Europe and the Printing Press

Europe and the Printing Press
Europe and the Printing Press
Before 1450, books were produced by scribes who laboriously copied an existing book by hand. Between 1455 and 1500, the printing press, containing movable type using manufactured paper, revolutionized book production.

By 1500, hundreds of printing presses throughout Europe had produced more than 6 million books, roughly equivalent to the total number of books produced in the prior 15 centuries.

This revolution was begun by an ordinary man named Johann Gutenberg (c. 1400–1468). Gutenberg had a printing shop in Mainz, Germany. Though often called the “inventor of movable type,” Gutenberg did not invent any of the major parts of the printing process but took the concepts and engineered a solution that touched off a rapid growth in printing.

Prior to the printing press, books were made at great expense by hand. Only kings, universities, large churches, or monasteries could afford the price of a book. The rising merchant class and lower nobility created a demand for a more economical book.


The components of the printing process had recently become available. Paper production had begun in Italy, taking rag stock, mixing it into pulp, then pressing it in a felt press. Paper cost about one-sixth the price of vellum (calf- or sheepskin). The printing press was already in existence for block prints of artwork, or other hand-crafted printing.

Oil-based ink that would work well for transfer to paper was in existence. The concept of movable type (individual letters or characters that could be put into a holder) had been invented by the Chinese centuries before and had slowly made its way over to Europe.

The genius of Gutenberg was in the careful perfection of a printing system. Gutenberg adapted a press to hold a form containing metal pieces. He manufactured more than 300 different symbols including capital letters, lowercase letters, numerals, large block letters, and ligatures (two or more letters attached together). He perfected the ink to work on paper stock acquired from Italy (an oil-based ink that would not smear, nor bleed through the paper).

He devised a system of rolling the ink onto the type form and finally printing it onto paper. Each page would be individually prepared by a skilled typesetter, and then many copies of that page would be printed by the press operator.

Gutenberg first produced some small works (a Latin grammar), but then with business partners Johann Fust and Peter Schöffer providing funding, Gutenberg undertook to produce a copy of the Bible in Latin beginning in 1450. By 1454 or 1455, the first edition was complete.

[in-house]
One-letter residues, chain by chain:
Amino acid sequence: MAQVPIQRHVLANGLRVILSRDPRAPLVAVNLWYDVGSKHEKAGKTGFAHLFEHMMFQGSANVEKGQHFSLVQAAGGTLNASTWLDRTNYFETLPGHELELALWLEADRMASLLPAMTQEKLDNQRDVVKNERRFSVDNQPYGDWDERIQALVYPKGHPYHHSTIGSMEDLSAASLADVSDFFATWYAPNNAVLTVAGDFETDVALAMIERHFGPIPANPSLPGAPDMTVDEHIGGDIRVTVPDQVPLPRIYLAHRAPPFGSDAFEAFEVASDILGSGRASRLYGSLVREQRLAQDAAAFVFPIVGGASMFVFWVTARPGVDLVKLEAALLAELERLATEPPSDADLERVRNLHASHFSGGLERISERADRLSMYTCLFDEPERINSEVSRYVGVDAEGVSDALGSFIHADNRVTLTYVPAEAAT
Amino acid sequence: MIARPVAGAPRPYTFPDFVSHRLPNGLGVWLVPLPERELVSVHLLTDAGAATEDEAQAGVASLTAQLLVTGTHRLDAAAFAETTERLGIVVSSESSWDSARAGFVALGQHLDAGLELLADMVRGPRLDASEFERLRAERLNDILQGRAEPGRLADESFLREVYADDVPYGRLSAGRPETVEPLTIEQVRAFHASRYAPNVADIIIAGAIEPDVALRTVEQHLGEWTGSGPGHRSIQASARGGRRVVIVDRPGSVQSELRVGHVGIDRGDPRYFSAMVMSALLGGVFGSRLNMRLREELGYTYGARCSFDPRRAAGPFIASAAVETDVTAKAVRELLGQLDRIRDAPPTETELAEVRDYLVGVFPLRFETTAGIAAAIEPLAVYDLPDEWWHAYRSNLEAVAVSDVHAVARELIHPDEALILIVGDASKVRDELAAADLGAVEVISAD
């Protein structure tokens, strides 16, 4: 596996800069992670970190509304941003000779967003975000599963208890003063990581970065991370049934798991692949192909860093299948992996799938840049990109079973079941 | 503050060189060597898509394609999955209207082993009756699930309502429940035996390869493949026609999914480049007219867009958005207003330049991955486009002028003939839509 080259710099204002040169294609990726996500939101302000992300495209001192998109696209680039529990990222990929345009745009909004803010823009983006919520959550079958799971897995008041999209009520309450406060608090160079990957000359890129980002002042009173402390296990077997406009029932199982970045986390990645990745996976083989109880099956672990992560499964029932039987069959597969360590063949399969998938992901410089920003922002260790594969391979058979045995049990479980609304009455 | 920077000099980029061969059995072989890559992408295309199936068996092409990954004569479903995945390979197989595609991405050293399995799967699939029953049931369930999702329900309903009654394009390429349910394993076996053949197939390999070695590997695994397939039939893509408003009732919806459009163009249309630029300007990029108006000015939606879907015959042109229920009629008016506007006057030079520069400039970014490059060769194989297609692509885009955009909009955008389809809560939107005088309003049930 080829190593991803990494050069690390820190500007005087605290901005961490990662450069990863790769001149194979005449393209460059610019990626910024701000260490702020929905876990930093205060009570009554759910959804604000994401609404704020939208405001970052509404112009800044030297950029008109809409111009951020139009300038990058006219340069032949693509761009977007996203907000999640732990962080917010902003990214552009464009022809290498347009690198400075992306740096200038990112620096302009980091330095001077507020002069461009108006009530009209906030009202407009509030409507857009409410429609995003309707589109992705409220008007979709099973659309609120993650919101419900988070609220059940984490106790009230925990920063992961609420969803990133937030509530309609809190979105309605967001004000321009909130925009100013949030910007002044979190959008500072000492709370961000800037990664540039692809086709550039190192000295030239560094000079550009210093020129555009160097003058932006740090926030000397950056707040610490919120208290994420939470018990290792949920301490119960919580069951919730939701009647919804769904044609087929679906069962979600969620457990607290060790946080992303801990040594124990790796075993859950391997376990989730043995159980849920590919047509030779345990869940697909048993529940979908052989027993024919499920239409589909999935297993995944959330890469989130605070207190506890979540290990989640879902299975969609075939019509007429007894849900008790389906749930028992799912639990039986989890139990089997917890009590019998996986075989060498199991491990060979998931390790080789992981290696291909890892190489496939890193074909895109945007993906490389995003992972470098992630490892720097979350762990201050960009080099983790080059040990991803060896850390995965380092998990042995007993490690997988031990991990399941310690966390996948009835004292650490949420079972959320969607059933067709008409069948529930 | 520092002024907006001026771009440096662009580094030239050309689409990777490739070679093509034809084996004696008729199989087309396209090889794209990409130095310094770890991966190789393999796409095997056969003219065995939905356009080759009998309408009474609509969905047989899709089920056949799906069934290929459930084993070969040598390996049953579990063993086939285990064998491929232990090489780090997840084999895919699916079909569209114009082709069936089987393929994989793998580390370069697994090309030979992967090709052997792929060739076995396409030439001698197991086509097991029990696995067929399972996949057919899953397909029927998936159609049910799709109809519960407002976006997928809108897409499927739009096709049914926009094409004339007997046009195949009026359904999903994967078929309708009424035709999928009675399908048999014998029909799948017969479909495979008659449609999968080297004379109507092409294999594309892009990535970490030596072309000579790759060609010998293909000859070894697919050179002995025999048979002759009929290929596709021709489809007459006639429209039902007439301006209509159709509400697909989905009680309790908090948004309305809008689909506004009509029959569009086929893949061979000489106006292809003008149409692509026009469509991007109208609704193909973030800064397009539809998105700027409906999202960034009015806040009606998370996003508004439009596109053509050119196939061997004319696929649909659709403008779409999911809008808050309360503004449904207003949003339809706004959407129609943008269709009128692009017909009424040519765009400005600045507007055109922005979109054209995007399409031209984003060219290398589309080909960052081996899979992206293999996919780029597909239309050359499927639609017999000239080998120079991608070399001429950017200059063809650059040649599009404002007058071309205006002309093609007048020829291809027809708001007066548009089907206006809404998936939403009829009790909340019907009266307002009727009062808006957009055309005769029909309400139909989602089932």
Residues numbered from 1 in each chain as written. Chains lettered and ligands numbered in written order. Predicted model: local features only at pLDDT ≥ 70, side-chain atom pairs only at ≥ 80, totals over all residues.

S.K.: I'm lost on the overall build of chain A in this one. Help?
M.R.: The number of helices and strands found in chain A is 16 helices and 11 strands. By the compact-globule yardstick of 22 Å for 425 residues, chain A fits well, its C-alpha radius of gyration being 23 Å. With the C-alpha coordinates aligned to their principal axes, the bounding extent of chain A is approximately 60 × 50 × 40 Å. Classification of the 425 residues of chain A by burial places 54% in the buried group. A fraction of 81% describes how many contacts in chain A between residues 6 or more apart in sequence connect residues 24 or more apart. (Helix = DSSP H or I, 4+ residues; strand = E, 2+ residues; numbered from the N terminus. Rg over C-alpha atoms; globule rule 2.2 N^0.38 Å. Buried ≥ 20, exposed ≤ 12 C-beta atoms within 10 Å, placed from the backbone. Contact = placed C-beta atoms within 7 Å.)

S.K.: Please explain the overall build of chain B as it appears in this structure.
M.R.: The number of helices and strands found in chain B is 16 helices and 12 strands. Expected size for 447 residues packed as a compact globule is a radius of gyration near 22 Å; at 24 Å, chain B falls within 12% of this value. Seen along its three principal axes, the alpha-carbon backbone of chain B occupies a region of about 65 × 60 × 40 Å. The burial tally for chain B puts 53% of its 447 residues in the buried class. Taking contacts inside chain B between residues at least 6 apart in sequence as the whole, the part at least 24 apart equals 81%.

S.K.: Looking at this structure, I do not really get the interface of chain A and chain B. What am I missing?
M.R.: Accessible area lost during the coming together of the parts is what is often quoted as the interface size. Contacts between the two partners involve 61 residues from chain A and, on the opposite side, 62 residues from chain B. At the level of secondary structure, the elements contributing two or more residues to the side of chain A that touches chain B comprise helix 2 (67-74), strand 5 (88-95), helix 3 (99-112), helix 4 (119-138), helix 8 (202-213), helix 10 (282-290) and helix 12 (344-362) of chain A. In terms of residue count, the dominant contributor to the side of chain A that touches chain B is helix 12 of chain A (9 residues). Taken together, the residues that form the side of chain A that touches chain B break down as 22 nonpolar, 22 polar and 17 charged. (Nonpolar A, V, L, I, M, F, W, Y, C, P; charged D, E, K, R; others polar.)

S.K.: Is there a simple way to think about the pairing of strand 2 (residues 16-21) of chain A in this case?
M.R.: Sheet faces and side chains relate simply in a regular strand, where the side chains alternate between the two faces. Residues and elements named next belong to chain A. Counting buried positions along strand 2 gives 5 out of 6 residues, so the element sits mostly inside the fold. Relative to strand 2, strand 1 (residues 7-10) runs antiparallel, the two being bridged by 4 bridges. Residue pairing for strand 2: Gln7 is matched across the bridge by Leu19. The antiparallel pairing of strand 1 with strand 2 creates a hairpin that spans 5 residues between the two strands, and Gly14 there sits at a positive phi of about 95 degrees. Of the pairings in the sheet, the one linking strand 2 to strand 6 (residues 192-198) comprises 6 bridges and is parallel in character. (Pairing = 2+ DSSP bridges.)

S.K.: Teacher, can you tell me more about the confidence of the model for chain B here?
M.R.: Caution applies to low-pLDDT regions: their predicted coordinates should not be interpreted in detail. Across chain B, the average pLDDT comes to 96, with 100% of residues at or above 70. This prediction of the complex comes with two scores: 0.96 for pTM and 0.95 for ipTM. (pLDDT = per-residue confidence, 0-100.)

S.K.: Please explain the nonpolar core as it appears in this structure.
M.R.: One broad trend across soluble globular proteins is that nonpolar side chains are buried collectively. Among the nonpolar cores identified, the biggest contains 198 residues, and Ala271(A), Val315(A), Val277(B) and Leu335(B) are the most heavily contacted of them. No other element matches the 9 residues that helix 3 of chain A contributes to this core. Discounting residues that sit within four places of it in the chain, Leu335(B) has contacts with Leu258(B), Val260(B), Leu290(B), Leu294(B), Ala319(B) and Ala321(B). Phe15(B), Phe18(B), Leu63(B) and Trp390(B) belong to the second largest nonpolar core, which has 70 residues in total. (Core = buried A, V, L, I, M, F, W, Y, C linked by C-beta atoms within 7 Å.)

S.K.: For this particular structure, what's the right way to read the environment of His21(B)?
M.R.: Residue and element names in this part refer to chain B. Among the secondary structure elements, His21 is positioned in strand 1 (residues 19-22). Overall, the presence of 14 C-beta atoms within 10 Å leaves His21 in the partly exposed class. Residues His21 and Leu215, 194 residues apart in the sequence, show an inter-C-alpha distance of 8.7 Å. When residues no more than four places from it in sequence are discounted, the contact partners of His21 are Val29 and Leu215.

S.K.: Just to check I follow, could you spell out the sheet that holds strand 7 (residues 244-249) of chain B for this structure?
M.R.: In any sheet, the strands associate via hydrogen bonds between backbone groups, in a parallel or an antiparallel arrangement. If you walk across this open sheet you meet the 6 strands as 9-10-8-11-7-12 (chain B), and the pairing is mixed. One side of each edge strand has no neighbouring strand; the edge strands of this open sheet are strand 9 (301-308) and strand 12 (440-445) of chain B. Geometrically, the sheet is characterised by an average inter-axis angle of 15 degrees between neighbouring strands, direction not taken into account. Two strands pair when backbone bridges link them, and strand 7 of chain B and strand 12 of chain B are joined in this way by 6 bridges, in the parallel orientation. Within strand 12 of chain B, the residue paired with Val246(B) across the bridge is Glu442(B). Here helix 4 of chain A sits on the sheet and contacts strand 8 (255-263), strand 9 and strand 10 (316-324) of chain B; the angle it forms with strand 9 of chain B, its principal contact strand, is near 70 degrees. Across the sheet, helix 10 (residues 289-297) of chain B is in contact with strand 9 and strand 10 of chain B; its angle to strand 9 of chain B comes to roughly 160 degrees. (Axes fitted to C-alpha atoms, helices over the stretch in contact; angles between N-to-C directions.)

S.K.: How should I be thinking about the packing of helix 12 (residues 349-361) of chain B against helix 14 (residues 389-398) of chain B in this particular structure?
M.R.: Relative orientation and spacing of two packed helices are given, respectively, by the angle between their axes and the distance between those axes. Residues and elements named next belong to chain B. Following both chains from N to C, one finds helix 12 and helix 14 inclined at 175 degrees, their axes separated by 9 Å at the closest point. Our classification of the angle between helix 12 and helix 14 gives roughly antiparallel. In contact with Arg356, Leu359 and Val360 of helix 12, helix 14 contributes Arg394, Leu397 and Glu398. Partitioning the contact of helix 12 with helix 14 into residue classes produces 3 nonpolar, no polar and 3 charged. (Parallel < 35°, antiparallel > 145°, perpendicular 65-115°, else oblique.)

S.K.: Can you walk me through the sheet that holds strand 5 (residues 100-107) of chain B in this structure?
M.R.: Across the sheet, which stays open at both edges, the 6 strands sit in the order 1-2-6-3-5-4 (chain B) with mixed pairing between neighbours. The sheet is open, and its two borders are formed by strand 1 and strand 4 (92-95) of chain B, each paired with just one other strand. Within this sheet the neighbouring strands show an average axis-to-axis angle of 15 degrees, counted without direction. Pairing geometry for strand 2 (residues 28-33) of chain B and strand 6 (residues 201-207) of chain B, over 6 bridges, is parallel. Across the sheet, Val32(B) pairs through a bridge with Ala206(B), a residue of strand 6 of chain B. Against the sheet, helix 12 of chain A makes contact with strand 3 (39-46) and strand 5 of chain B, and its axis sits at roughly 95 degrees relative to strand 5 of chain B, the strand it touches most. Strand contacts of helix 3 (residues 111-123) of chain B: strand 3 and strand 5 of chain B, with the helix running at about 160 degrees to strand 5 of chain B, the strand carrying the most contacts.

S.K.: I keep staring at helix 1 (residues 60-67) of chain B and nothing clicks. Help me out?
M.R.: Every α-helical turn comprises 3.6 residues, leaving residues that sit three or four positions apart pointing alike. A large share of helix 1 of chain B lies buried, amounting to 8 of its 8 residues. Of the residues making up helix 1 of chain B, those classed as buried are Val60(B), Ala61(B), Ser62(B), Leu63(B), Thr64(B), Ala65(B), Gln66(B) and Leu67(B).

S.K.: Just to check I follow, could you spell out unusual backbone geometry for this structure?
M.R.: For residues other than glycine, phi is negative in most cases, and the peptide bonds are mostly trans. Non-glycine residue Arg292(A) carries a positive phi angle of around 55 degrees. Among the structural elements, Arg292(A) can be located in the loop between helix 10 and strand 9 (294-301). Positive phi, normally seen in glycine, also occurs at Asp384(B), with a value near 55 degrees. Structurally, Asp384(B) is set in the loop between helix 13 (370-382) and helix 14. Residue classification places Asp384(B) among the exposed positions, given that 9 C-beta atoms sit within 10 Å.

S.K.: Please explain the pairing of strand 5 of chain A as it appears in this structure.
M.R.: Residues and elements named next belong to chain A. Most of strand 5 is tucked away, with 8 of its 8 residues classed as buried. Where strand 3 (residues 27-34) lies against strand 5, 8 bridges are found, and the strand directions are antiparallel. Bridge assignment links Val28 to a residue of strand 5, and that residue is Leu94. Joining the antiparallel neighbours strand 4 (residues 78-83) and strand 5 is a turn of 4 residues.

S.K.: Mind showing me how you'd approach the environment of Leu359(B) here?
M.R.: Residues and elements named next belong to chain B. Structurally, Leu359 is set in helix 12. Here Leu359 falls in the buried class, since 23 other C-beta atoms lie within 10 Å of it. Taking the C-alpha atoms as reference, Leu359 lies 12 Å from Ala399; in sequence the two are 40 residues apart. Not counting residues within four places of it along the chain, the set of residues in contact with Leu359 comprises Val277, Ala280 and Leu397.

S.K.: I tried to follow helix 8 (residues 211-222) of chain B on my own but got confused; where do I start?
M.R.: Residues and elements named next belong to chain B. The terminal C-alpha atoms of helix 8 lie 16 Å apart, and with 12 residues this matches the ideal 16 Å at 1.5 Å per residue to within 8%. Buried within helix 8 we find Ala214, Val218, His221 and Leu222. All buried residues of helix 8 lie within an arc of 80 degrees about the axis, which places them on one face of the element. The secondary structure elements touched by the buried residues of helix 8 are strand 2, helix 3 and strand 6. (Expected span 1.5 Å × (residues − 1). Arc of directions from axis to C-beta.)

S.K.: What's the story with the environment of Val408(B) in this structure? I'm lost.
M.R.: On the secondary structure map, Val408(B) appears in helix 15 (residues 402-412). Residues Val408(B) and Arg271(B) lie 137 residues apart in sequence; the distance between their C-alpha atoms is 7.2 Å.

The Gutenberg Bible uses a typeface that appears hand-printed, since it was produced to compete with hand-printed bibles (at a much lower cost). The Bible would then be decorated (beginning letters colored by hand), and other annotations (or rubrications) added.

Books printed with this new printing press were enormously popular. By 1458, there were several other printers in Germany and Switzerland. By 1475, hundreds of printers with their printing presses were producing editions of books throughout Europe. By 1500, more than 40,000 editions of various works had been produced by printing presses.

While advancements were made to speed up the process of producing and ordering the movable type, the fundamentals of the printing press did not change till the 20th century with the advent of electromechanical printing and finally computer-based printing.

Martin Luther first nailed his Ninety-five Theses on the castle church in Wittenberg in 1517, 60 years after the invention of the printing press process by Gutenberg. Luther intended to raise an academic debate among the region’s theologians.

Instead he ignited a storm of controversy that swept Europe in the rapid communication of his theses through the printing press. Within weeks of his posting the Ninety-five Theses, printers in Wittenberg and other places were selling copies as a short pamphlet, distributing it throughout Germany and even other countries in western Europe.

Luther was a prolific and popular writer. Just over a year later in 1519, he received a note from a printer Basel named Johannes Froben: “We sent six hundred copies of your collected works which I published to France and Spain.

They are sold in Paris, read and appreciated at the Sorbonne. The book dealer Clavus of Pavia took a sizable number to Italy to sell them everywhere in the cities. I have sent copies also to England and Babant and have only ten copies left in the storeroom. I have never had such good luck with a book.”

Many of Luther’s shorter works were published as pamphlets, easily accessible to merchants, lesser nobility, and others who could read. The printing press enabled the rapid spread of Reformation.

The advent of the printing press produced other societal changes. With books more accessible, the system of instruction at the university level changed. Prior to the printing press, a professor would read from a single book (often the only copy at the university) and the students would take notes.

With the printing press, great works by authors of past eras were published more broadly, bringing the Renaissance era to full fruition. The work of scientists such as Copernicus and Isaac Newton were published, bringing both debate and further development to science.

It also increased the desire of those in power to control what was published in their country or church. The first Index of Forbidden Books was published by King Henry VIII of England in 1526, and the Catholic Church’s Index of Prohibited (or Forbidden) Books was published in 1559 and revised constantly thereafter.